Size & Type
The Derée Champérier vineyard was purchased by the Trapet family in 1859. After 160 uninterrupted years of farming this terroir, current generation Pierre & Louis wanted to make a cuvée as an hommage to the many generations of Trapet vignerons that have come before them. Thanks to its purity and terroir-transparency, they felt the 2019 vintage was the perfect moment to produce the Cuvee 1859.
Only 1 left in stock
2019 was the first vintage of the Cuvée 1859, which comes from 50-year-old vines in the parcel of Derée Champérier in Brochon in the northern part of Gevrey. Only 250 cases produced.
Trapet Père et Fils is a seventh generation Gevrey-Chambertin estate and one of the largest holders of Chambertin (1.9 hectares). Known throughout much of its history as Domaine Louis Trapet, it was renamed in 1993 when the estate’s vineyard holdings were divided, with half of the holdings going to Domaine Rossignol-Trapet. The other half of the estate was renamed Domaine Trapet Père et Fils and is run by Jean-Louis Trapet.
Jean-Louis is regarded as one of the pioneers of natural viticulture in the region, and continues to lead the way in biodynamic farming (along with pals Frederic Lafarge, Dominique Lafon, Lalou Bize Leroy and others). As of 2009 the entire estate is demeter-certified.
The estate is known for its three great Grand Crus, though the quality at Domaine Trapet Père et Fils is simply outstanding up and down their hierarchy.
The domaine also owns parcels in three top premier crus: Clos Prieur, Les Corbeaux and Petite Chapelle. The Clos Prieur and Petite Chapelle plots were some of the the first vines purchased by the family in the late 19th century, followed by Petite Chapelle in 1877, and Clos Prieur in 1893. The Les Corbeaux parcel was purchased much more recently. Because these plots are relatively small, vintages with tiny yields are sometimes combined to make a wine named “Cuvee Capita 1er Cru”.
Trapet’s outstanding grand crus (Latricières-Chambertin, Chapelle-Chambertin and Chambertin) are crafted to really highlight their underlying terroirs. Though they may not be as ‘big’ or powerfully constructed as some of their other more flashy neighbors in Gevrey-Chambertin, they are in the top echelon in terms of aromatics, flavor complexity, expression of terroir, and aging potential.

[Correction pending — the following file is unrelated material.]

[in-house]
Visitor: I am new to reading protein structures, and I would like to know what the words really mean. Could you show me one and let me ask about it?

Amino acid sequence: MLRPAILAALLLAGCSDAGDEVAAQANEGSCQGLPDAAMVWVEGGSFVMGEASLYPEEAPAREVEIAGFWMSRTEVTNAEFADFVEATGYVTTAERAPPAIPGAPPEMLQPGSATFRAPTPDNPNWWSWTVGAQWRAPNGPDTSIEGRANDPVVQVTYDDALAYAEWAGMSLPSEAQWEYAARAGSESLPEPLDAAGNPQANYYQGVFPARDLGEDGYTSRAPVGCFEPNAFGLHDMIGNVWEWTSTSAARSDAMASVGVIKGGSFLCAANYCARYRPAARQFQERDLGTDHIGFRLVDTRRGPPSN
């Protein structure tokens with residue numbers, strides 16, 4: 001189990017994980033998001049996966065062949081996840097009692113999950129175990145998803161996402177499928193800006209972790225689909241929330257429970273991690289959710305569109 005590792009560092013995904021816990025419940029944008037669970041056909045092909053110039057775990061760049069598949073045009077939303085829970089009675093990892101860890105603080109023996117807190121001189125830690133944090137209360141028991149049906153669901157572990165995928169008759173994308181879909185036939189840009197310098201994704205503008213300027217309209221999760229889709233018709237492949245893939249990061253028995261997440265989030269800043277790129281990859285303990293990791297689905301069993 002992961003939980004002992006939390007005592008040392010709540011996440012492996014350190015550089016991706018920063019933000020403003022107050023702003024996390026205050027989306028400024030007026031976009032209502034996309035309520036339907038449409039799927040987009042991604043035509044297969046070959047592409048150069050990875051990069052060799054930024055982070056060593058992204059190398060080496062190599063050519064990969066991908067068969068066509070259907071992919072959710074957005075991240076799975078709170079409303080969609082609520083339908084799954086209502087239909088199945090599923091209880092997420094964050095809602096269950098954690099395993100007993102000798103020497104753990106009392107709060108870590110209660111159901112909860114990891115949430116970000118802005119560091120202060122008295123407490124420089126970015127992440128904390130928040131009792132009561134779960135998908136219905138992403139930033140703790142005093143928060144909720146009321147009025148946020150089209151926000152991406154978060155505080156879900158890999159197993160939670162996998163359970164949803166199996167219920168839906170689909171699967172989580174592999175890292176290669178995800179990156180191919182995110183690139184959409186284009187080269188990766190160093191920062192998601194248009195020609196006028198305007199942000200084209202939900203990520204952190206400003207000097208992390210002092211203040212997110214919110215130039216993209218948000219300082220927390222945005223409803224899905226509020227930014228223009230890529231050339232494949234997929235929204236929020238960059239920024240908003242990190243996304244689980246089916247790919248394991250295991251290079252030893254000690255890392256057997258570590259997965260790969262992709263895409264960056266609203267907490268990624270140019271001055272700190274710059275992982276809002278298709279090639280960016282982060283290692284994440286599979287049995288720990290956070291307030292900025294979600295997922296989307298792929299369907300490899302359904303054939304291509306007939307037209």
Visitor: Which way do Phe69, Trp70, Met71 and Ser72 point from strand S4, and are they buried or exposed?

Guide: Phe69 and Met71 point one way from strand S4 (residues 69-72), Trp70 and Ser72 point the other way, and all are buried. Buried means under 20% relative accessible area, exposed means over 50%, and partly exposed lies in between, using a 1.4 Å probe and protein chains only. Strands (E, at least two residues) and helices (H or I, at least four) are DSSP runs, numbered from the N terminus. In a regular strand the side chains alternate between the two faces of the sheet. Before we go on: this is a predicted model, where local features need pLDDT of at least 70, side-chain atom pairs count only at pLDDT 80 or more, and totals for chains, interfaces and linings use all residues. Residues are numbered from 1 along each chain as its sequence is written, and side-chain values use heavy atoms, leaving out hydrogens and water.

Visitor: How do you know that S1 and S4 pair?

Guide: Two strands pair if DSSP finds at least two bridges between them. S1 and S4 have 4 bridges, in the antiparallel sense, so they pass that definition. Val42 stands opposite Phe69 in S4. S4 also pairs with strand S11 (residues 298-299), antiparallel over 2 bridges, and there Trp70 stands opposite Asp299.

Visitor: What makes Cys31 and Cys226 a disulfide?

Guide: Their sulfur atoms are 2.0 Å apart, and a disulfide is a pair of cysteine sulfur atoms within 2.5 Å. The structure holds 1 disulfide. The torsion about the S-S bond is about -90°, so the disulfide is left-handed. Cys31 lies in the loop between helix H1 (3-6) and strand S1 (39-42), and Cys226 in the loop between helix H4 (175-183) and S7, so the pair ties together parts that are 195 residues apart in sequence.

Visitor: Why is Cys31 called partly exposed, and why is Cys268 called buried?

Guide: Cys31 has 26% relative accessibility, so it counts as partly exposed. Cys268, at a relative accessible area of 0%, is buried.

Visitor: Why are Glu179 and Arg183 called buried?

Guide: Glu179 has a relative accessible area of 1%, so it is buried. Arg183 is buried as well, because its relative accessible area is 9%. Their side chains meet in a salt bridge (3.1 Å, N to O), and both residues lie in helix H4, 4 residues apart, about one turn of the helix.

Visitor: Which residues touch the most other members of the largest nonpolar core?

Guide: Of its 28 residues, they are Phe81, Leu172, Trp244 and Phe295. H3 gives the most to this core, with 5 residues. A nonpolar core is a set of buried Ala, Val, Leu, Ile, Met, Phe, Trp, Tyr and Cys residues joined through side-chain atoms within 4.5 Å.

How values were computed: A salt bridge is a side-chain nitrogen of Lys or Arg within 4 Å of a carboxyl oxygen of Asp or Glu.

Like the man himself, there is an elegance, grace and purity to the wines that is haunting and rare in a village where power dominates. All in all, Domaine Trapet Père et Fils is at the top of their game, with Jean-Louis crafting wines that are as stunning as any in the great history of this long-respected Gevrey superstar.
Check out Levi Dalton’s interview with Jean-Louis Trapet on the I’ll Drink To That! podcast.
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Jean-Louis Trapet observed that 2019 “continued the pattern of recent vintages in that they’re hot and dry and because the vegetative cycle begins seemingly earlier each year, the risk of early season frost has become almost a given. 2019 would be no exception as it too began early due to an unseasonably warm winter but unlike other recent vintages, we managed to avoid any significant frost damage. We picked from the 17th to the 22nd of September and the ripe and super-clean fruit made it easy to harvest quickly. We used between 30 and 60% whole clusters and vinified relatively softly so as to avoid extracting too much tannin. And this was easy to do as the skins were so thick and ripe that it almost seemed like the extractions managed themselves! As to the vintage style, I love the 2019s for their elegance, transparency and energy. It’s a vintage with grace, even class, that should age on its beautiful balance.”
Allen Meadows, Burghound
My tasting with Jean-Louis Trapet was one of my most exciting visits during three months traversing the Côte d’Or, and I couldn’t be more excited about the ongoing renaissance at this Gevrey-Chambertin benchmark. Energized by the increasing involvement of his sons, a viticultural revolution is underway: fully seven hectares of the domaine’s holdings have been converted both to échalas and to higher trellising stakes and wires, depending on the steepness of the slope. And given the extent of Trapet’s holdings in prime climats, that means that the walk from Morey-Saint-Denis to Gevrey-Chambertin suddenly looks rather different. In the cuviere, winemaking continues to be very classical, with important percentages of whole clusters. And Trapet tells me that 2019 will be the last year of his premier cru blend “Capita,” as his sons insisted on fermenting its components separately. But what of the wines? 2018 was a terrific success at this address, and 2019 is even better: deep, concentrated and perfumed, these wines are dynamic and bursting with energy and aroma. I can’t wait to add some bottles to my own cellar, and I encourage readers to do the same.
William Kelley, The Wine Advocate
Domaine Trapet Père et Fils is located in Gevrey-Chambertin, an appellation of the Cote de Nuits celebrated for its Pinot Noirs. Learn more about this impressive region with our Wine Bites article: Getting Your Head Around Burgundy Part 9.1
Where in the world does the magic happen?
Domaine Trapet Père et Fils, Route de Beaune, Gevrey-Chambertin, France